Feeds

Lucy in 3.4 million-year-old cross-species cave tryst

New homonin fossil discovered

Intelligent flash storage arrays

The statement from the abstract is as prosaic as it gets: “A newly discovered partial hominin foot skeleton from eastern Africa indicates the presence of more than one hominin locomotor adaptation at the beginning of the Late Pliocene epoch.”

The implication, however, is profound: potentially a new species of hominin has been discovered in 3.4 million-year-old Ethiopian fossils, launching either a new direction in the study of human evolution, or at the very least, a fabulous argument about whether the fossils are or are not a separate species.

A new study published in Nature suggests that Lucy – the female specimen famous for identifying Australopithecus afarensis – didn’t represent the only line of hominins.

Unlike Australopithecus afarensis, the as-yet-unnamed specimen retains a characteristic not of upright-walking humans but a tree-dweller: an opposable big toe, designed for grasping tree branches.

According to the New York Times, the foot is similar to those of the species Ardipithecus ramidus, known from 4.4 million-year-old fossils from Ethiopia.

Of key importance in the find is that it demonstrates that humans probably didn’t take a single path to bipedal locomotion; rather, various lines seem to have evolved, with only one – us – the eventual winning line. ®

Providing a secure and efficient Helpdesk

More from The Register

next story
GRAV WAVE DRAMA: 'Big Bang echo' may have been grit on the scanner – boffins
Exit Planet Dust on faster-than-light expansion of universe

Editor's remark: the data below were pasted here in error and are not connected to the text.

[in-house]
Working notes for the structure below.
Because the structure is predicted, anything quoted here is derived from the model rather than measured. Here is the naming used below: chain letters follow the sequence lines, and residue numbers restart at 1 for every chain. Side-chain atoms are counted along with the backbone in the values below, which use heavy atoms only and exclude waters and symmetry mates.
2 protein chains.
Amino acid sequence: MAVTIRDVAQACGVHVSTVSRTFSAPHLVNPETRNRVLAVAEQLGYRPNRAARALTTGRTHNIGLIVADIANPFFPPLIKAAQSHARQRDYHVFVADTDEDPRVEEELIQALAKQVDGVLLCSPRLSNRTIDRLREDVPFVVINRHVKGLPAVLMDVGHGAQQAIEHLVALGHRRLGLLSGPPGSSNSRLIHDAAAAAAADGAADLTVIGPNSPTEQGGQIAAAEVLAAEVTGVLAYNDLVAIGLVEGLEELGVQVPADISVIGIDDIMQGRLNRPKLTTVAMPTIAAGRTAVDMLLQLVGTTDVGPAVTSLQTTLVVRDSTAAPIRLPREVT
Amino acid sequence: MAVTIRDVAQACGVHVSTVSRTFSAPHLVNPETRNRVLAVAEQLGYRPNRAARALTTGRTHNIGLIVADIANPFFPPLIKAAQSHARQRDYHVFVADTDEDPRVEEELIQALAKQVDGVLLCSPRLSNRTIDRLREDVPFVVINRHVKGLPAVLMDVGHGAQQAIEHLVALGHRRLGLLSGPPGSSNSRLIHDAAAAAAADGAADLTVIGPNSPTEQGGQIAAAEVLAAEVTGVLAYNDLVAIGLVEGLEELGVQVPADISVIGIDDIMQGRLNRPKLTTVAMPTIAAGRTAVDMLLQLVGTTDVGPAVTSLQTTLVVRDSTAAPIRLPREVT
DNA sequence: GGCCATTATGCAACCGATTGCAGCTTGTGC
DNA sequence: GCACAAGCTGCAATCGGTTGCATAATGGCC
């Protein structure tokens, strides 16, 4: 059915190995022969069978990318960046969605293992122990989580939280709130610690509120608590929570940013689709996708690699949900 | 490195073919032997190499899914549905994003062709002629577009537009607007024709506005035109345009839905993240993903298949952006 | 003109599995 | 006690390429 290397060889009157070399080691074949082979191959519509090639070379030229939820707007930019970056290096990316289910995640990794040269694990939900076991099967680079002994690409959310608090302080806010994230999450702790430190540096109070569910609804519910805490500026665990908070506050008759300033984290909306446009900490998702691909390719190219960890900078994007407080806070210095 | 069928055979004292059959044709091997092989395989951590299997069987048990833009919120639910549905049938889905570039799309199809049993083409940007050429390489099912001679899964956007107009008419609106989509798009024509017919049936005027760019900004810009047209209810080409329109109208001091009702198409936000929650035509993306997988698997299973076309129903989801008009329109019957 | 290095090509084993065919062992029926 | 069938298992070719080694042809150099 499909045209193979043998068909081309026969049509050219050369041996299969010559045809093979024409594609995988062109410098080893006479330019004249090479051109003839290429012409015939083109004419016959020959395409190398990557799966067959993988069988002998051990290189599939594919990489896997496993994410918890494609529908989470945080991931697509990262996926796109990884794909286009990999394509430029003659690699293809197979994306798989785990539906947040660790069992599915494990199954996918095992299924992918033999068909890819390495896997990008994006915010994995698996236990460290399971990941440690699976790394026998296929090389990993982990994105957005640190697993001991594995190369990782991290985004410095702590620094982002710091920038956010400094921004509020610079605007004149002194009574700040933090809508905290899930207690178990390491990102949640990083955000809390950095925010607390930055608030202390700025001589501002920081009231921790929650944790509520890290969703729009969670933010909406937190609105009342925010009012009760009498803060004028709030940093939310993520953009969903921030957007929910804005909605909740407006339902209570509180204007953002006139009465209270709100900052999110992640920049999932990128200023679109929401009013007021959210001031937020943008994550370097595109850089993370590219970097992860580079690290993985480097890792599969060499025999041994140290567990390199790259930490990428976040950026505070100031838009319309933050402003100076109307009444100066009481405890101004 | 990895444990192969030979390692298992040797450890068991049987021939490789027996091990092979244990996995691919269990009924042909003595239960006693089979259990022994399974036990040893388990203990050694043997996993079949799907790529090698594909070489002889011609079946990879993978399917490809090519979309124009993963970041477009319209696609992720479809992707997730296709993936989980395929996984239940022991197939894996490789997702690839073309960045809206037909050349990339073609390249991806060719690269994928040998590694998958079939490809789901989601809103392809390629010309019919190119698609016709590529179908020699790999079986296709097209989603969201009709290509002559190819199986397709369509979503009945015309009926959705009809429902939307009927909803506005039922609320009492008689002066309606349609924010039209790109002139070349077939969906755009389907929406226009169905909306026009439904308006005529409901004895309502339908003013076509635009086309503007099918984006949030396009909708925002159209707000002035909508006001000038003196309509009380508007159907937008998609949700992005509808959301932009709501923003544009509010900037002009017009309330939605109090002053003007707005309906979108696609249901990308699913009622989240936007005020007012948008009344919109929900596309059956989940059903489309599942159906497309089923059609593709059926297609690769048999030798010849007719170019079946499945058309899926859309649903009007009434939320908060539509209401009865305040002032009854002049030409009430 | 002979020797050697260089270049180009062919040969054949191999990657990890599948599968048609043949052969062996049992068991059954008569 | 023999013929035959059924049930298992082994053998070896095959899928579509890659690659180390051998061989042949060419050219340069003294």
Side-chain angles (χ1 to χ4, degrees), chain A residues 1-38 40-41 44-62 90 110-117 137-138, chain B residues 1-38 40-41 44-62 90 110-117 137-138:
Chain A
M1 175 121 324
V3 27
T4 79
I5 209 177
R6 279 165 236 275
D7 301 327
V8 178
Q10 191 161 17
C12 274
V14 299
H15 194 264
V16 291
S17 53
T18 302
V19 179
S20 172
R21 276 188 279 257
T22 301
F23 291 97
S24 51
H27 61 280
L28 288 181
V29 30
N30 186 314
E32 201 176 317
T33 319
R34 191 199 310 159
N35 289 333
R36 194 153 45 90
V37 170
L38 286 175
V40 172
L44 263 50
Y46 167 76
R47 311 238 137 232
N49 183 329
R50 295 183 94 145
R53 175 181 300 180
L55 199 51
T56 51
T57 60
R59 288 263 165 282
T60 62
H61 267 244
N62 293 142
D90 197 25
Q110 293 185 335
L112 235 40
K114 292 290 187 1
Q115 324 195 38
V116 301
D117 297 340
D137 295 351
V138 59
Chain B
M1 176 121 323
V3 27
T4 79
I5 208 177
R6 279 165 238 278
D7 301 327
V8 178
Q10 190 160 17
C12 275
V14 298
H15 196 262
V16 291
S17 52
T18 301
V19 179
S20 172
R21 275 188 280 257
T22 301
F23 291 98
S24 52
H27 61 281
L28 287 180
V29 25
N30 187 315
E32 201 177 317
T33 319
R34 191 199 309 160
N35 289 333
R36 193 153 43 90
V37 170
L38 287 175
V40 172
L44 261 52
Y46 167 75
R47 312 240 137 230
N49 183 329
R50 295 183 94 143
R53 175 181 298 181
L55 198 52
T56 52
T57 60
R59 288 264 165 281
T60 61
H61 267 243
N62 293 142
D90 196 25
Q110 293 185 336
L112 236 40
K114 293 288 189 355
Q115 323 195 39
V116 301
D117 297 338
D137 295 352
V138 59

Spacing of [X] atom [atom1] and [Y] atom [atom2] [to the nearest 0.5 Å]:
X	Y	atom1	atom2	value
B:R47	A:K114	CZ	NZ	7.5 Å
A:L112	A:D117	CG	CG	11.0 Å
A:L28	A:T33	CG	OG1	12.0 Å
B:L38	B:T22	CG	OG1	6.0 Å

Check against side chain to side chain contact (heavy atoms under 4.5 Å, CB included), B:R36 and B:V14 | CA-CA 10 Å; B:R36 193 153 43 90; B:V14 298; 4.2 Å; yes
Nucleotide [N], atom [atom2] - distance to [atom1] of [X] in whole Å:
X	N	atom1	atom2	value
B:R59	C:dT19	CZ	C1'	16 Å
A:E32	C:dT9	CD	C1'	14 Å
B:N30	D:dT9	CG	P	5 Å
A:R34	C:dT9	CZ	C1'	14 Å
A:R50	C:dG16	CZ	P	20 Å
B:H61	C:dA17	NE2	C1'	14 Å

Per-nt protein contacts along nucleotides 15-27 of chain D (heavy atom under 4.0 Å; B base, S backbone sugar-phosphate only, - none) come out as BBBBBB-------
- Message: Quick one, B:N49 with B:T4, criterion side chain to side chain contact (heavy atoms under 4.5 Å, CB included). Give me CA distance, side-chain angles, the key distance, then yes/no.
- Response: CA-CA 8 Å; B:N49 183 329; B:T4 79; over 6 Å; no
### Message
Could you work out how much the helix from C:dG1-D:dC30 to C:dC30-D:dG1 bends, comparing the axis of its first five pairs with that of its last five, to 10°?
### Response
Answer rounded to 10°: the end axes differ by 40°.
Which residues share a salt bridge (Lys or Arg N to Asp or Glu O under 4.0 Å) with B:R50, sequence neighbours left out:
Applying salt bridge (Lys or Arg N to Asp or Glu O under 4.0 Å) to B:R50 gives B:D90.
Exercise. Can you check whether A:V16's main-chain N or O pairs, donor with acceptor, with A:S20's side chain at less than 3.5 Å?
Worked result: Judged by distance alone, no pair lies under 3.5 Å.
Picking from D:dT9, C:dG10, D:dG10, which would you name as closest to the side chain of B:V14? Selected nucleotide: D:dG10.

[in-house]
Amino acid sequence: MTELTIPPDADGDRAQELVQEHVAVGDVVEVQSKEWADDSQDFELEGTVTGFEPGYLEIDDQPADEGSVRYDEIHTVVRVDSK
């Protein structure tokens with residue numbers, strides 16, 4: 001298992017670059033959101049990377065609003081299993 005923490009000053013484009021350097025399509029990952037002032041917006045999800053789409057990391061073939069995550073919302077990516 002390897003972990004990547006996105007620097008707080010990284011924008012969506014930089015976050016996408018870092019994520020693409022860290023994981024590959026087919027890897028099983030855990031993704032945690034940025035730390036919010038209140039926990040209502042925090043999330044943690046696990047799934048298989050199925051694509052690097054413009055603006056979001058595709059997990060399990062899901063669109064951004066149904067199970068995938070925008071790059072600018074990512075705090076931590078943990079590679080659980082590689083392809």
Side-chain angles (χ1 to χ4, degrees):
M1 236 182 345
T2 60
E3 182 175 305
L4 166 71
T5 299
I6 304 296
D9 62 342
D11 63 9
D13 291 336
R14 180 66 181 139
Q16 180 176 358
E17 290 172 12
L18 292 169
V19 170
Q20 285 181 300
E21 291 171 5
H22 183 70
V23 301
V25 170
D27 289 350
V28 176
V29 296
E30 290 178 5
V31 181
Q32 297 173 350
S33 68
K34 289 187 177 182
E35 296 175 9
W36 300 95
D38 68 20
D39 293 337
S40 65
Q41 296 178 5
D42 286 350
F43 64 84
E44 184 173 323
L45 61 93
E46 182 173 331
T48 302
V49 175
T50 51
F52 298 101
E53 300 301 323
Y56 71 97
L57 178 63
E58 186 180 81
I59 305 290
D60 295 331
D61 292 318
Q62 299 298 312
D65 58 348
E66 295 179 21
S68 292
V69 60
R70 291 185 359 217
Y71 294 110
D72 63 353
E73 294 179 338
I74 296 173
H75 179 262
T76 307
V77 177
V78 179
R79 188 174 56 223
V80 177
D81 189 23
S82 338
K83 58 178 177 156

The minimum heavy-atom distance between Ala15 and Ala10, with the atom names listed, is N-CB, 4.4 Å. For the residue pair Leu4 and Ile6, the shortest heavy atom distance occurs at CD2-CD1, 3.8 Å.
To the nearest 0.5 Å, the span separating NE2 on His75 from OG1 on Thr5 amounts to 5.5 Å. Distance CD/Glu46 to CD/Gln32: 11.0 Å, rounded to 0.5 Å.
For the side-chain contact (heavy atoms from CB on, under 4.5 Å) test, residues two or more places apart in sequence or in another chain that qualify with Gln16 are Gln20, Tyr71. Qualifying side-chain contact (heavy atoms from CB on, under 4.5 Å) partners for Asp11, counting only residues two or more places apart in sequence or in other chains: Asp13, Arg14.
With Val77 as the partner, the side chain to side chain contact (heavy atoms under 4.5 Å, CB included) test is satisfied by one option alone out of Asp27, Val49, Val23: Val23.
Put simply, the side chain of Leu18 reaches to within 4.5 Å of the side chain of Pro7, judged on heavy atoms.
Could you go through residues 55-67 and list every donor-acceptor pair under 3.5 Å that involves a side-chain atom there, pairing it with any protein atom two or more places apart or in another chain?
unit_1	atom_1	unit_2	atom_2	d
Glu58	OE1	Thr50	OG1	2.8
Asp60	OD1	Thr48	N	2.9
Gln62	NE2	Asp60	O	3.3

SpaceX Dragon cargo truck flies 3D printer to ISS: Clawdown in 3, 2...
Craft berths at space station with supplies, experiments, toys
That glass of water you just drank? It was OLDER than the SUN
One MEELLION years older. Some of it anyway
NASA rover Curiosity drills HOLE in MARS 'GOLF COURSE'
Joins 'traffic light' and perfect stony sphere on the Red Planet
Big dinosaur wowed females with its ENORMOUS HOOTER
That's right, Doris, I've got biggest snout in the prehistoric world
Japanese volcano eruption reportedly leaves 31 people presumed dead
Hopes fade of finding survivors on Mount Ontake
Canberra drone team dances a samba in Outback Challenge
CSIRO's 'missing bushwalker' found and watered
prev story

Whitepapers

A strategic approach to identity relationship management
ForgeRock commissioned Forrester to evaluate companies’ IAM practices and requirements when it comes to customer-facing scenarios versus employee-facing ones.
Storage capacity and performance optimization at Mizuno USA
Mizuno USA turn to Tegile storage technology to solve both their SAN and backup issues.
High Performance for All
While HPC is not new, it has traditionally been seen as a specialist area – is it now geared up to meet more mainstream requirements?
Beginner's guide to SSL certificates
De-mystify the technology involved and give you the information you need to make the best decision when considering your online security options.
Security for virtualized datacentres
Legacy security solutions are inefficient due to the architectural differences between physical and virtual environments.